Smoking is a major risk factor for heart disease. It increases the levels of triglycerides in your blood and lowers the HDL (good) cholesterol, thereby increasing the thickness of the blood. The chances of clot formation increase and blood flow to the heart as well as brain can be hampered. Smoking also increases the tendency to plaque formation, and disease of atherosclerosis of the blood vessels. Therefore, it is important to quit smoking. Passive smoking also increases your risk and should be avoided as far as possible.
Although studies have shown that drinking alcohol reduces the risk of suffering from stroke, it is only true for the consumption of low to moderate quantities of alcohol. Furthermore, consuming a high amount of alcohol has shown to increase the risk of both hemorrhagic and ischemic stroke. Stroke risk can increase drastically with an average of over 3 drinks/day. In general women have a higher risk than men, and the risk for death was much higher compared to the risks for lasting debility or disability post-stroke.
3. Blood Pressure
Increased blood pressure (hypertension) is a major risk factor for both ischemic and hemorrhagic stroke. The chances of death due to stroke also increase if the person is suffering from hypertension. People suffering from hypertension should take their prescribed medicines daily and on time. Monitoring your blood pressure on a regular basis is vital. You should consult your healthcare professional if blood pressure is not in the normal range even after taking medications. The doctor may advice a change in medication or diet. People who do not have hypertension, should get their blood pressure checked regularly, as often due to lack of signs and symptoms, hypertension is not detected and the diagnosis is made accidently.
Uncontrolled diabetes increases the tendency of blood vessels to undergo atherosclerotic changes and worsens the lipid levels in the body. Thus, blood supply to heart is impaired and chances of cardiac events like a heart attack increase. Diabetes is also a major risk factor for stroke as uncontrolled diabetes increases the oxidative stress in your body. Hence, it is advisable that you control your blood sugar levels to avert a stroke in the future. If you are suffering from diabetes, remember to take your medicines regularly and keep a tab on your blood sugar levels. Those who are not suffering from diabetes, should get their sugar levels checked annually once above 35.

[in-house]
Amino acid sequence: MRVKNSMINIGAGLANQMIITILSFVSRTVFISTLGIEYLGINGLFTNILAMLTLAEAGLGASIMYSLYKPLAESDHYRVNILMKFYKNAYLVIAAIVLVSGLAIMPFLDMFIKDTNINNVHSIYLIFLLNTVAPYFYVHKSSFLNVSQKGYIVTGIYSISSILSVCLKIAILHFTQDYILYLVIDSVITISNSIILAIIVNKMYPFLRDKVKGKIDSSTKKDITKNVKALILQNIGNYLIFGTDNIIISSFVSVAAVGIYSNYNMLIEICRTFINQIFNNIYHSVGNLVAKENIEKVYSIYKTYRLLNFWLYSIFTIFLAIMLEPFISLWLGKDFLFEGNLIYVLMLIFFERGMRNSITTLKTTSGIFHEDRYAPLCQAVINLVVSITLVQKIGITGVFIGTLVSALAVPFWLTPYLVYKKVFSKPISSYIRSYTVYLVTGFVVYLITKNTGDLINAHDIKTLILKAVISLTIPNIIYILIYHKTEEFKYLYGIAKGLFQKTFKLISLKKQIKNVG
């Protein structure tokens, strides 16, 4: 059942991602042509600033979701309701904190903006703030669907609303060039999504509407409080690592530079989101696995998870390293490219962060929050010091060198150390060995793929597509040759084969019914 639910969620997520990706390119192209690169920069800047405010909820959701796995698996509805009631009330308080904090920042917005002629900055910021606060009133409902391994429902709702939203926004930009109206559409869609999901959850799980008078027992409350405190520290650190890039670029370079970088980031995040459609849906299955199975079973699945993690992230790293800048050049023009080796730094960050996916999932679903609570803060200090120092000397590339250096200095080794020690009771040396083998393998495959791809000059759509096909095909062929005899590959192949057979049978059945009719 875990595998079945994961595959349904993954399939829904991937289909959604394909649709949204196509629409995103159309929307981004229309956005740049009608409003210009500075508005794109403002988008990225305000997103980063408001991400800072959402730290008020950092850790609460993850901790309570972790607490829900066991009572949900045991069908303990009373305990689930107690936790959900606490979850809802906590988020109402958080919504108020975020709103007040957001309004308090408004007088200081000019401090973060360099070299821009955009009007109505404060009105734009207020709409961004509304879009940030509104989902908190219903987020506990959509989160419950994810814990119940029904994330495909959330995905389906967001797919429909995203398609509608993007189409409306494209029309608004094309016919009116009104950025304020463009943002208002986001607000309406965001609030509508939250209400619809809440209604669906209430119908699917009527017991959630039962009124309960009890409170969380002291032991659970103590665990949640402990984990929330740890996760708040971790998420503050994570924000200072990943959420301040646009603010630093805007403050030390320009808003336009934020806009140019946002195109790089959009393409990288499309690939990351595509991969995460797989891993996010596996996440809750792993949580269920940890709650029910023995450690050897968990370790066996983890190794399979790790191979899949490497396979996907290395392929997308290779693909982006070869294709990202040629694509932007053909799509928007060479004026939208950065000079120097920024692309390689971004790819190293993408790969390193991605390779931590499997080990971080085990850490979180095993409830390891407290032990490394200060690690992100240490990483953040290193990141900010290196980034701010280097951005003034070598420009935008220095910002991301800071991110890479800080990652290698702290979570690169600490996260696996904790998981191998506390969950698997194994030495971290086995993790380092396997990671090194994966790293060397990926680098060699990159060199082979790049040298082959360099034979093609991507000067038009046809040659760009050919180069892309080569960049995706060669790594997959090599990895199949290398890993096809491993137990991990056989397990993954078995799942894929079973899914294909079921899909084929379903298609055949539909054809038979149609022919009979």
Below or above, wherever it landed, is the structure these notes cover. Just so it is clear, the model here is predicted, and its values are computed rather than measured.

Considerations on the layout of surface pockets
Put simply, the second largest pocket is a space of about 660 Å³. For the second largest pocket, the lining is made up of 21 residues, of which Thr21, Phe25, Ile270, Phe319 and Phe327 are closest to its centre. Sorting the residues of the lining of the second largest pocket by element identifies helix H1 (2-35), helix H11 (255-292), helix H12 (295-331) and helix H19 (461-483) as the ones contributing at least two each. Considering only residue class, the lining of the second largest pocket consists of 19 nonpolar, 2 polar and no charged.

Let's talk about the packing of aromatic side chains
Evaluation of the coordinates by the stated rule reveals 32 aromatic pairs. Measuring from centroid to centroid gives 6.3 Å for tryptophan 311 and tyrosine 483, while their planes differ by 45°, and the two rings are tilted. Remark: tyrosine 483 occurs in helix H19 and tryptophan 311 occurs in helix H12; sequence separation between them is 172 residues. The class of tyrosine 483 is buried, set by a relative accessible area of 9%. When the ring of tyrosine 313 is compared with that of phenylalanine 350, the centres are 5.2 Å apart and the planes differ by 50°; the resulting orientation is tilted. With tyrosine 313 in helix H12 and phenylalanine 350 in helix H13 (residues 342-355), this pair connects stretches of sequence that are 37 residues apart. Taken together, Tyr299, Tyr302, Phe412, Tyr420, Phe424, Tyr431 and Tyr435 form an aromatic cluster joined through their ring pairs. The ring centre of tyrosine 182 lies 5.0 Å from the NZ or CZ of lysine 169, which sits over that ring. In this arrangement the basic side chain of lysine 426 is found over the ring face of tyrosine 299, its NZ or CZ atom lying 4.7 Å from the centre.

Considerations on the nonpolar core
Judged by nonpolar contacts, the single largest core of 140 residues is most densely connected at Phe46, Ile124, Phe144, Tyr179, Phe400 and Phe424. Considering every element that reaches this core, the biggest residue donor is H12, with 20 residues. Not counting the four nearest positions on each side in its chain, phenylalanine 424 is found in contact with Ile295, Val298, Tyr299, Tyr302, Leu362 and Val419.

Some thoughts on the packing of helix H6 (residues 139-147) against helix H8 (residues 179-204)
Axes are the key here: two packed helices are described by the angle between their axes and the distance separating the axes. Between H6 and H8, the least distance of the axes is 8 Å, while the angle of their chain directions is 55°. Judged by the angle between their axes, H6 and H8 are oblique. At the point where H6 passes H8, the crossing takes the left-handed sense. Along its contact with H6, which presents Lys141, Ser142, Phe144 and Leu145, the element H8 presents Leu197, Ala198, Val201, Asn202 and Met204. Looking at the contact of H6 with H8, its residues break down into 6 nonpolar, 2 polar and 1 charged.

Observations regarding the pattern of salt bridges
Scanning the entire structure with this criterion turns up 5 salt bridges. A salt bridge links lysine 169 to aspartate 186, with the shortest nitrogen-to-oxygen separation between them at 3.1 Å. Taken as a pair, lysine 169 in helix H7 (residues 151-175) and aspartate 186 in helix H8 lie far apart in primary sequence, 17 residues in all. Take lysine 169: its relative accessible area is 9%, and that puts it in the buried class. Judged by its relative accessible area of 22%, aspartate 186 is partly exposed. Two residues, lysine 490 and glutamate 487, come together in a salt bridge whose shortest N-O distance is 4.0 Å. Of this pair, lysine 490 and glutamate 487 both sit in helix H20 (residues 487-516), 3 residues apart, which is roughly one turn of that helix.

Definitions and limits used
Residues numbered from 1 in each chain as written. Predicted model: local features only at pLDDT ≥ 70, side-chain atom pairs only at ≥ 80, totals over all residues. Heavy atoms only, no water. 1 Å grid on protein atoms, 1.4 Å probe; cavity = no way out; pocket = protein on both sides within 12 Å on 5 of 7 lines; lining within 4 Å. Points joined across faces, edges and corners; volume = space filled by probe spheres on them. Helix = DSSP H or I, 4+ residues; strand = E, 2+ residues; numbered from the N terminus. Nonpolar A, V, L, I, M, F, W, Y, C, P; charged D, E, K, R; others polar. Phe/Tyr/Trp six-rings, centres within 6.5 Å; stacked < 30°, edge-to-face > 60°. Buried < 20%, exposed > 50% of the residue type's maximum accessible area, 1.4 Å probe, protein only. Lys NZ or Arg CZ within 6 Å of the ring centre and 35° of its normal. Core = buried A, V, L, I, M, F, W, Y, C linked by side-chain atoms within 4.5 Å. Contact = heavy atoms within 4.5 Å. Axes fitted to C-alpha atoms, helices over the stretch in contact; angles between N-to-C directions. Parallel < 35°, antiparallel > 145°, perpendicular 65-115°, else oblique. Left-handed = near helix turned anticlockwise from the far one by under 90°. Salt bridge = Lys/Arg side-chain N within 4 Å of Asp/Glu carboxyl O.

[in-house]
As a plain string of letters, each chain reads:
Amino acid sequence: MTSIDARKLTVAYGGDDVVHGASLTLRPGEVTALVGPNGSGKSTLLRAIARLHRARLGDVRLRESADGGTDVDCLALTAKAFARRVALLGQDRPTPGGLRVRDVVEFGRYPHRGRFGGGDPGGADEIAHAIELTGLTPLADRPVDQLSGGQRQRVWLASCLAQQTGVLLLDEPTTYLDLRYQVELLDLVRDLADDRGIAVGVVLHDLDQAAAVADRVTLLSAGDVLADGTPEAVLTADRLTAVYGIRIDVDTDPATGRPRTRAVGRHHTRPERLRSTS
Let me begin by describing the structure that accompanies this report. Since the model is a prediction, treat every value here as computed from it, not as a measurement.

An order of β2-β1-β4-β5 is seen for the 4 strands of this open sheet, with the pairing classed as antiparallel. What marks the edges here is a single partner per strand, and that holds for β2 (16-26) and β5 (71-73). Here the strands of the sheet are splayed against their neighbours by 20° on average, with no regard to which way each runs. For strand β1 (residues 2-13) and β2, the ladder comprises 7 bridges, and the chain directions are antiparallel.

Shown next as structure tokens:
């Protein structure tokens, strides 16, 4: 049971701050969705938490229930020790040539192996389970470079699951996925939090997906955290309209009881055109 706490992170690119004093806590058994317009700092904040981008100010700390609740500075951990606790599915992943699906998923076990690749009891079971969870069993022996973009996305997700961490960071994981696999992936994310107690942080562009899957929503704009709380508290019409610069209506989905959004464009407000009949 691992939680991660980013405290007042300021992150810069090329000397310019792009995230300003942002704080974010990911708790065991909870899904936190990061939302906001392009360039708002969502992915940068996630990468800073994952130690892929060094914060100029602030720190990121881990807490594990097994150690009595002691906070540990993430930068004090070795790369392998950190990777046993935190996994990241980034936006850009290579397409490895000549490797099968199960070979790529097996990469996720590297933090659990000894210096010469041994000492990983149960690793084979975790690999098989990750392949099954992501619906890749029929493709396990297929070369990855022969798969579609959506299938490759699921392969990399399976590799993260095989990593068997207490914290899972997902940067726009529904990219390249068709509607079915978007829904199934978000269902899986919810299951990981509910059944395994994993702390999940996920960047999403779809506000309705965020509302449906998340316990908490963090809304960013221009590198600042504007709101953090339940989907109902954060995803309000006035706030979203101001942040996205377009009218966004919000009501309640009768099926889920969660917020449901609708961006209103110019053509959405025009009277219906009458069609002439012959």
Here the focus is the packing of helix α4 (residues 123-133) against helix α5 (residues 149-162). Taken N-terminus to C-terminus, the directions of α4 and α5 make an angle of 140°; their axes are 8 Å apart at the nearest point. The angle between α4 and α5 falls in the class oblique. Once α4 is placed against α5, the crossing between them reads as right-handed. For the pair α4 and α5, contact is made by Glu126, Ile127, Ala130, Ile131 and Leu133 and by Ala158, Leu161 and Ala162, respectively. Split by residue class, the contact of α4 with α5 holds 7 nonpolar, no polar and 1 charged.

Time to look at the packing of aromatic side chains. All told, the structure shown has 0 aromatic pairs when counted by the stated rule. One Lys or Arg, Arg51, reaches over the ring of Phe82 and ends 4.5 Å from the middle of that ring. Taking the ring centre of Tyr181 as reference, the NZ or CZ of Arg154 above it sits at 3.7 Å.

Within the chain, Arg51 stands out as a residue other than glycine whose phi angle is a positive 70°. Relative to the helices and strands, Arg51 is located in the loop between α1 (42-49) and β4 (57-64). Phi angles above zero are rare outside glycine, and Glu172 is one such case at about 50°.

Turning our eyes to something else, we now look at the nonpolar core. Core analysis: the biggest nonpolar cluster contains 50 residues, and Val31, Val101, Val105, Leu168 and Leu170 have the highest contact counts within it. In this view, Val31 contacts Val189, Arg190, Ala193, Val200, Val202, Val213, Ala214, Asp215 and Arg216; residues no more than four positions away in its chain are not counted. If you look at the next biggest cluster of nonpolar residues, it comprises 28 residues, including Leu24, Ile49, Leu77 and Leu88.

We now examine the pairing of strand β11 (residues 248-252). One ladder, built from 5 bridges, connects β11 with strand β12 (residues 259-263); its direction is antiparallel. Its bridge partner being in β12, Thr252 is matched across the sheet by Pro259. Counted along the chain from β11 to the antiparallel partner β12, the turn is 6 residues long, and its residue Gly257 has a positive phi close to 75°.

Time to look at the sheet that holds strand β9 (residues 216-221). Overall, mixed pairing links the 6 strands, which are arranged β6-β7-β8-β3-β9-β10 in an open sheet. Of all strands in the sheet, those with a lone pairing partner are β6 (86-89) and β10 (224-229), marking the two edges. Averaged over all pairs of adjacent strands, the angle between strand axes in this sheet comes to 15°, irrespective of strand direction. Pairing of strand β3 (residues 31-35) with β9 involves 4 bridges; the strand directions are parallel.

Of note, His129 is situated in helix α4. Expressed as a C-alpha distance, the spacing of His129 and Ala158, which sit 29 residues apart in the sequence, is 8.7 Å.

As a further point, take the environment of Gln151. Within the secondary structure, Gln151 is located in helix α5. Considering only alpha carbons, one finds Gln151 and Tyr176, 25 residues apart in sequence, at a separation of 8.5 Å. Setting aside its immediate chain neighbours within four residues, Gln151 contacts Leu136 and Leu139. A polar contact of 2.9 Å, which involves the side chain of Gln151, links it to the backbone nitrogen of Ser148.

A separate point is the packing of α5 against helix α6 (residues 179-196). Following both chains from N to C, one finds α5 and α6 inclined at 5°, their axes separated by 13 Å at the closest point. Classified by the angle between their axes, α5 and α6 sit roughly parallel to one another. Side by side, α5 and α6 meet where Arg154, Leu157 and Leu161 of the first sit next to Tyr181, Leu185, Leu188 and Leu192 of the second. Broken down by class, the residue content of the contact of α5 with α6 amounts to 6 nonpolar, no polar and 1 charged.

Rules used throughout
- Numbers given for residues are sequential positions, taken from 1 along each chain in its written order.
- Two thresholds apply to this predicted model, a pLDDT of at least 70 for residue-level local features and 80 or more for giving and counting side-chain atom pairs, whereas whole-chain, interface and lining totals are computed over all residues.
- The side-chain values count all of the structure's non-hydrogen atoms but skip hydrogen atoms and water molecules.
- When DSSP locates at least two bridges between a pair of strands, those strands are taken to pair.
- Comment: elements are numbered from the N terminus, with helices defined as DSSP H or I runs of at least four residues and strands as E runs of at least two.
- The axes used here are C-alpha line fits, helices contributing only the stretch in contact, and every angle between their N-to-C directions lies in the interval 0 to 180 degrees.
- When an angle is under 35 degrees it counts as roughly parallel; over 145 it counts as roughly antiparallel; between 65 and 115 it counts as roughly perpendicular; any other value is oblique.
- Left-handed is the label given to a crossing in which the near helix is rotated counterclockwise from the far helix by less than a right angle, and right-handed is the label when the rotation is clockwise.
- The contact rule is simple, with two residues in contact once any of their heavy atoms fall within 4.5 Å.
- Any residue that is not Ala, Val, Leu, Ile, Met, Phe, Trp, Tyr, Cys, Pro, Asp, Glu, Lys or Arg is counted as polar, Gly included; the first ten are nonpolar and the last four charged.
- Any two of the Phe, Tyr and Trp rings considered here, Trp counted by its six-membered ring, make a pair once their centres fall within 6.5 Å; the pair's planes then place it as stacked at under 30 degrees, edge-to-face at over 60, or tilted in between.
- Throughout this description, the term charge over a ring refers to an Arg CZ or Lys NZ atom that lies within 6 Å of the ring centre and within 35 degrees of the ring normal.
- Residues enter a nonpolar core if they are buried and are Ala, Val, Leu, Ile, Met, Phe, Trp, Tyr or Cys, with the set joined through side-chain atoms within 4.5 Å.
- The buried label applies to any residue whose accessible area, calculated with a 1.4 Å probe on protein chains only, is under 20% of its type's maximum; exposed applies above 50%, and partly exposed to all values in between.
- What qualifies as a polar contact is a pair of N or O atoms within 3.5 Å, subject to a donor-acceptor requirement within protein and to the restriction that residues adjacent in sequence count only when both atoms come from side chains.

5. Physical Inactivity
A sedentary lifestyle causes an increase in body weight, leading to obesity. Obesity itself is linked to two of the biggest risk factors for stroke i.e. high blood pressure and diabetes. On the other hand, regular exercise helps in maintaining optimal body weight and regulates blood pressure and diabetes at the same time. If you are overweight, losing a few kilos can dramatically reduce your stroke risk. Try to maintain your body mass index (BMI) at around 25. This can be done by keeping a tab on your diet ensuring that you do not consume more that 1,500 to 2,000 calories per day, depending on the type of your work. Try to introduce some form of physical activity like walking, golfing, playing tennis, or swimming in your daily routine as this will help you in achieving your goal faster.
Regular health check-ups once you cross 35 are important to avoid these catastrophic events. Follow the above mentioned 5 golden rules to avoid a stroke and lead a stroke-free, stress free, life.